Dr. Alan Westin

No one taught me more about what privacy is, and why we should care about it, than Alan Westin.
Jeffrey Rosen

His Legacy

Throughout his life, Dr. Westin thought, wrote and talked about privacy, data protection, digital identity and the future of how societies will deal with the many difficult questions around how to maintain technological and business innovation while protecting fundamental individual rights. In his spirit, the members of the IAPP Westin Research Center work to further the body of knowledge of privacy professionals and society at large.

His Career

Throughout his career, Dr. Westin focused on studying, writing and consulting about the impact of information technology on individuals, organizations and society, particularly issues of privacy and sound data management. His award-winning book, Privacy and Freedom, is still considered one of the leading works in this field and has influenced both privacy thinking and practical activity worldwide since its publication in 1967.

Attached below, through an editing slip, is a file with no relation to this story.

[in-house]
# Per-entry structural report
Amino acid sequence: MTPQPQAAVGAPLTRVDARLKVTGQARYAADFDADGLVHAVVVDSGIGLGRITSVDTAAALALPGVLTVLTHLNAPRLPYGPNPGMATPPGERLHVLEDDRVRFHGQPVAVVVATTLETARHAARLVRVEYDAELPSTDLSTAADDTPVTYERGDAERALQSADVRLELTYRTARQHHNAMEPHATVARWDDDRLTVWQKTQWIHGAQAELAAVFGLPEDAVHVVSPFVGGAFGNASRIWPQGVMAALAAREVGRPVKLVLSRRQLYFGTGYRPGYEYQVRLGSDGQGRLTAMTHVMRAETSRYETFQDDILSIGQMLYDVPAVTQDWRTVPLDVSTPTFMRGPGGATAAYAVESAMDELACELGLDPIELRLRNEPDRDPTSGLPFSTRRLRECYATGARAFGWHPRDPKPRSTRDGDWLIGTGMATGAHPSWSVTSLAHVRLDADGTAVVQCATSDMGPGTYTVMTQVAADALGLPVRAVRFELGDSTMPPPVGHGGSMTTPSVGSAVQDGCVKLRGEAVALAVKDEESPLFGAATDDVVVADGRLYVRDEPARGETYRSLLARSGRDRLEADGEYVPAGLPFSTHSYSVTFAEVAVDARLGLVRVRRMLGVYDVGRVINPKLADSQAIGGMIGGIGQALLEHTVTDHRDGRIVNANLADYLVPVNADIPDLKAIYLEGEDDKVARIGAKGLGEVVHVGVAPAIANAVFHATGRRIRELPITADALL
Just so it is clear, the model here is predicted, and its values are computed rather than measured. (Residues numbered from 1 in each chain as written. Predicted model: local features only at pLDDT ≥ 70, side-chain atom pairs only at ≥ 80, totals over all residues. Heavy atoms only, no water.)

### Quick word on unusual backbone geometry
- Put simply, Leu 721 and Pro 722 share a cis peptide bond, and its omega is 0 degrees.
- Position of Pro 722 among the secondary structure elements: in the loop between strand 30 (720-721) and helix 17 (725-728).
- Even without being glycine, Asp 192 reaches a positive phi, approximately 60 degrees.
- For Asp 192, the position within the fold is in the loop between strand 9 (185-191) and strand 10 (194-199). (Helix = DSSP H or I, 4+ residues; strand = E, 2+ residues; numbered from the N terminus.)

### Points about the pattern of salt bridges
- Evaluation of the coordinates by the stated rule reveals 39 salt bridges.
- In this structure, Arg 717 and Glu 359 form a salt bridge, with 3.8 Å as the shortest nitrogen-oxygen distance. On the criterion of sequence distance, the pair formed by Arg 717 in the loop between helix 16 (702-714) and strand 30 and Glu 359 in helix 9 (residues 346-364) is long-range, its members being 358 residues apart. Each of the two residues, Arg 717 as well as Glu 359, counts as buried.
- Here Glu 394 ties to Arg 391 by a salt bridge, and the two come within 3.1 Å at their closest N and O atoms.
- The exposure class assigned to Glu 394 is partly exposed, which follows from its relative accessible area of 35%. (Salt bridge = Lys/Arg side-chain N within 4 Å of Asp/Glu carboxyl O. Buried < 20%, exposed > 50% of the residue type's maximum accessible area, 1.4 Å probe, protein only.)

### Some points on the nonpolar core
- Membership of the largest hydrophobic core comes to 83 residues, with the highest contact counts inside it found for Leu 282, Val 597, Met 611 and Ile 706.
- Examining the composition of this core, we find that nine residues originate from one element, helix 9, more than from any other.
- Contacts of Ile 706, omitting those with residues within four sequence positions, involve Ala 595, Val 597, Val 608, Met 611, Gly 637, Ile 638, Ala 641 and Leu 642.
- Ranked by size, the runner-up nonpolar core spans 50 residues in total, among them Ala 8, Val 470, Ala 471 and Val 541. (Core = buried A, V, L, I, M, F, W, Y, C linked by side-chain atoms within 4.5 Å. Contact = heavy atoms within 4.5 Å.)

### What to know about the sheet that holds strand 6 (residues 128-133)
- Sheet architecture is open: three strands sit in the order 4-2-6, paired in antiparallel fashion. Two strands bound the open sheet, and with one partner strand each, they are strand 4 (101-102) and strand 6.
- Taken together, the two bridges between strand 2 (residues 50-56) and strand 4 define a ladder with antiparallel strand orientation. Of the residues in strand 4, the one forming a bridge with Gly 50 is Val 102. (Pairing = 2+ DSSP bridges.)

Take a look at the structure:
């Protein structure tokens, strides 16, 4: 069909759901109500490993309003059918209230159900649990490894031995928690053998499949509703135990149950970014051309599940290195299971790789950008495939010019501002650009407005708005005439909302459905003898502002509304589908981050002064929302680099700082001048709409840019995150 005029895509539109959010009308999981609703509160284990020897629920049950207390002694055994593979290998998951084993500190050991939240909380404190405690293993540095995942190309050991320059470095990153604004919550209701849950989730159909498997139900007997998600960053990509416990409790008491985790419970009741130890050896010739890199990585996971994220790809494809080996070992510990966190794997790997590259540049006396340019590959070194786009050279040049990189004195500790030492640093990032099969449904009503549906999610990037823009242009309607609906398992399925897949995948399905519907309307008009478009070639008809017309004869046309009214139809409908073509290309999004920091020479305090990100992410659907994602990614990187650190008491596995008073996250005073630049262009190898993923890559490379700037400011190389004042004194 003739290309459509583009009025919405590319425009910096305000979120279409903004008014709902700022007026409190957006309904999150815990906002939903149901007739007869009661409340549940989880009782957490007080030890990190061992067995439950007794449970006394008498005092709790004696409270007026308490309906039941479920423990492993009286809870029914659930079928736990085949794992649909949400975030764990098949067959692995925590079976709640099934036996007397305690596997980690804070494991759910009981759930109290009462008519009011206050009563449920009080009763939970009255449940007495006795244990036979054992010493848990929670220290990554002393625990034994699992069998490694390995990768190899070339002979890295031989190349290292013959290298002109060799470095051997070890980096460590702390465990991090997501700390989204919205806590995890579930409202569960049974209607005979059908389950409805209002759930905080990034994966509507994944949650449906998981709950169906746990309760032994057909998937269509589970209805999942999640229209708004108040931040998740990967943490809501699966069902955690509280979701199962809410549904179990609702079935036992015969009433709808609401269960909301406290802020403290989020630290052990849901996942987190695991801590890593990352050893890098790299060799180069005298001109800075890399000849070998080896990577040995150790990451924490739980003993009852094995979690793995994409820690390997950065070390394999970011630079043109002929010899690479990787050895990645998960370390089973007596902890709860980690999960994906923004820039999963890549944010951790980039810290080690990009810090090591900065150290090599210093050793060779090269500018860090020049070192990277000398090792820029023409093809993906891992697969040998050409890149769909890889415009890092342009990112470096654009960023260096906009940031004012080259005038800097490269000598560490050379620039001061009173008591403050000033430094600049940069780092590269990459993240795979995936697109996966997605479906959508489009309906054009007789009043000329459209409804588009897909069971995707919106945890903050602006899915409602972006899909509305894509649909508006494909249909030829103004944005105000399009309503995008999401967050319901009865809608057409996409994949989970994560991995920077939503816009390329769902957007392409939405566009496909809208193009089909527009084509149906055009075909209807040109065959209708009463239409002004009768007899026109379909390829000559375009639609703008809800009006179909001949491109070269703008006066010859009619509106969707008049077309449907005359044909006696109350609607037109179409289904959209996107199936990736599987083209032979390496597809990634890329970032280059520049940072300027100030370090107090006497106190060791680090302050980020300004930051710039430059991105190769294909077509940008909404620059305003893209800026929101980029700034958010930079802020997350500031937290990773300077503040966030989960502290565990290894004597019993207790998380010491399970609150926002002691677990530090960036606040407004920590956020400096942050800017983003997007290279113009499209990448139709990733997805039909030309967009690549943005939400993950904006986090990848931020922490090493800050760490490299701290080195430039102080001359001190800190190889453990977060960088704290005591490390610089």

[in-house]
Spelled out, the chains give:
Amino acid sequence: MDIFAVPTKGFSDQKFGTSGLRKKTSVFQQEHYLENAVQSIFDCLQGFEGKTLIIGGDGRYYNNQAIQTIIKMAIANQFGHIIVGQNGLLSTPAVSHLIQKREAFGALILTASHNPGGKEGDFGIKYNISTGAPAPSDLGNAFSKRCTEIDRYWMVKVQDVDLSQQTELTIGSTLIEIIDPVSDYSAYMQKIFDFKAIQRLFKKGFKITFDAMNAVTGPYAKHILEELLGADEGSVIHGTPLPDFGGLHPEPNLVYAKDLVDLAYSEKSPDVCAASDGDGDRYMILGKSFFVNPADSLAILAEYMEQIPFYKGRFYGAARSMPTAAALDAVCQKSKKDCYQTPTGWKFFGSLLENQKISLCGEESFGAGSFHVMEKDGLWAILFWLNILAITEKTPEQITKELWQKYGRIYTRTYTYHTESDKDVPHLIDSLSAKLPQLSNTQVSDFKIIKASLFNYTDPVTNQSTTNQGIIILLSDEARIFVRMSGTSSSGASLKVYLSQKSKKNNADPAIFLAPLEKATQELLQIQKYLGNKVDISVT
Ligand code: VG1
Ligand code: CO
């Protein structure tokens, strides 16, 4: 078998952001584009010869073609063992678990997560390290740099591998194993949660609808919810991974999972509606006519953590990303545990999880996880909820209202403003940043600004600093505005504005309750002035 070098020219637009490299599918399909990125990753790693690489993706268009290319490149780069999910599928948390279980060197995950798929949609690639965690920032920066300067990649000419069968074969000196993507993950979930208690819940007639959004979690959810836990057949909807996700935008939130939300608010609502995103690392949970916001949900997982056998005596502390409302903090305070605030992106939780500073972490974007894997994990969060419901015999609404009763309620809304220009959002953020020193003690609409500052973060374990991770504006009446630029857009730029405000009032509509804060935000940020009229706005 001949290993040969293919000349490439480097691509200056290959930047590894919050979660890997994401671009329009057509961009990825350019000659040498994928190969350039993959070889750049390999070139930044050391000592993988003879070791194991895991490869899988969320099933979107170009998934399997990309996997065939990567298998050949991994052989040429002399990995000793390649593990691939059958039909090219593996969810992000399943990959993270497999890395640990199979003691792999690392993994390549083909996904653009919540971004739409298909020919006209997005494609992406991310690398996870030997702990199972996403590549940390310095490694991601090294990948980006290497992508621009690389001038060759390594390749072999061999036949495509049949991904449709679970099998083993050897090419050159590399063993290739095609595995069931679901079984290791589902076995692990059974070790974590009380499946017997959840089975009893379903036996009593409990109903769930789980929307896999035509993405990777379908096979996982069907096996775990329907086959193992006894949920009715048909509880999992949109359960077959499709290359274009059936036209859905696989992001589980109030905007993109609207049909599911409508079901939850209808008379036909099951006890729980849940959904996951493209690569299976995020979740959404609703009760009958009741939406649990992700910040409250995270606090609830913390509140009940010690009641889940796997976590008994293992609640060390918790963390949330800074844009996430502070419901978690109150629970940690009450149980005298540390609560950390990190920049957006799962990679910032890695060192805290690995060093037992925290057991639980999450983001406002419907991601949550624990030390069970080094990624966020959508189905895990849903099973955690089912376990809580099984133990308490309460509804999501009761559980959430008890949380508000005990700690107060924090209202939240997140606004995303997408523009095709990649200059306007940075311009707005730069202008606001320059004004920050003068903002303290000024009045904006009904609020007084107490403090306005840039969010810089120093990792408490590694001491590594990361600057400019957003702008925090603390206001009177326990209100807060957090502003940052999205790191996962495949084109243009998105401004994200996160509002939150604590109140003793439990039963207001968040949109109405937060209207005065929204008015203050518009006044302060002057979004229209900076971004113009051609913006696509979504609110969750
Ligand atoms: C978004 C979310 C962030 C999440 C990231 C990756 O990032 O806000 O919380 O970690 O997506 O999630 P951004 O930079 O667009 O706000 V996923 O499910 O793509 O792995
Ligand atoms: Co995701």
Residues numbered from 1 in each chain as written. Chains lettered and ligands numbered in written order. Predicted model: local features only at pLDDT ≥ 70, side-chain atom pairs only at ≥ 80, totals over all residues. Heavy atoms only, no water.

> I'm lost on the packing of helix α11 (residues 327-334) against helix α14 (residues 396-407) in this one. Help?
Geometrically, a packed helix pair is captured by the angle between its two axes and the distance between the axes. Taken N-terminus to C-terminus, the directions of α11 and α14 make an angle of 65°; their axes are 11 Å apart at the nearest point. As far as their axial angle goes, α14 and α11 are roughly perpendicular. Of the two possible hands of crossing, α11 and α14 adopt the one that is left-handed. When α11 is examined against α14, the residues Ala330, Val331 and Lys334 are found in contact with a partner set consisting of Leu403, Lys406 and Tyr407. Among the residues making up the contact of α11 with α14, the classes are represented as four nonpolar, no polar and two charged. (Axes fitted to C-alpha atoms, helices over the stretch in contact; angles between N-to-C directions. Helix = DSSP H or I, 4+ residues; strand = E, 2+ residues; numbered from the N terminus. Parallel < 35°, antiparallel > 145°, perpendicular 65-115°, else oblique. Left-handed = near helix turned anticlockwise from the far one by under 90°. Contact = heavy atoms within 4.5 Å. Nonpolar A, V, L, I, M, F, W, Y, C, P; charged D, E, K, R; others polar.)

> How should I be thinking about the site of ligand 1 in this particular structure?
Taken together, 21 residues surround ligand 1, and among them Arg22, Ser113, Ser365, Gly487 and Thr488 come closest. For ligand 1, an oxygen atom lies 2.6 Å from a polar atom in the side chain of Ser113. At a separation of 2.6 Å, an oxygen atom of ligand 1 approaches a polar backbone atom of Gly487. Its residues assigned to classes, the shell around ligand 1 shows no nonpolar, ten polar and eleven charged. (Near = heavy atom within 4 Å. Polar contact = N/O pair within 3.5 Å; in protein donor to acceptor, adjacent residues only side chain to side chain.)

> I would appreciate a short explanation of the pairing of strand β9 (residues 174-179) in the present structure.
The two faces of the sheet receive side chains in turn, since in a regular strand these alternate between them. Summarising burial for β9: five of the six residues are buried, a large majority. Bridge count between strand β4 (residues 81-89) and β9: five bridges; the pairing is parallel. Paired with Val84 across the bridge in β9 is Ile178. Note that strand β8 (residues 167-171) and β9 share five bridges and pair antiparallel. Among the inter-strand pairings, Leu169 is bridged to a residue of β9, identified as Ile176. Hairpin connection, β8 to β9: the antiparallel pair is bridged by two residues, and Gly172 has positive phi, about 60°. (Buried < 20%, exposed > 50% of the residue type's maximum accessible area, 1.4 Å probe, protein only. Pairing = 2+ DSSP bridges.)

Dr. Westin was professor emeritus of public law and government at Columbia University, where he taught for 37 years. In 2005, he received the IAPP Privacy Leadership Award.

In addition to Privacy and Freedom, his other works on privacy include Databanks in a Free Society (1972) with Michael Baker for the National Academy of Sciences; two monographs for the U.S. National Bureau of Standards on Computers, Health Records, and Citizen Rights (1976) and Computers, Personnel Administration, and Citizen Rights (1979); and numerous law review articles.

He was the first to understand the implications that computer technology had, as well as other kinds of automated technology, for personal privacy.
Robert R. Belair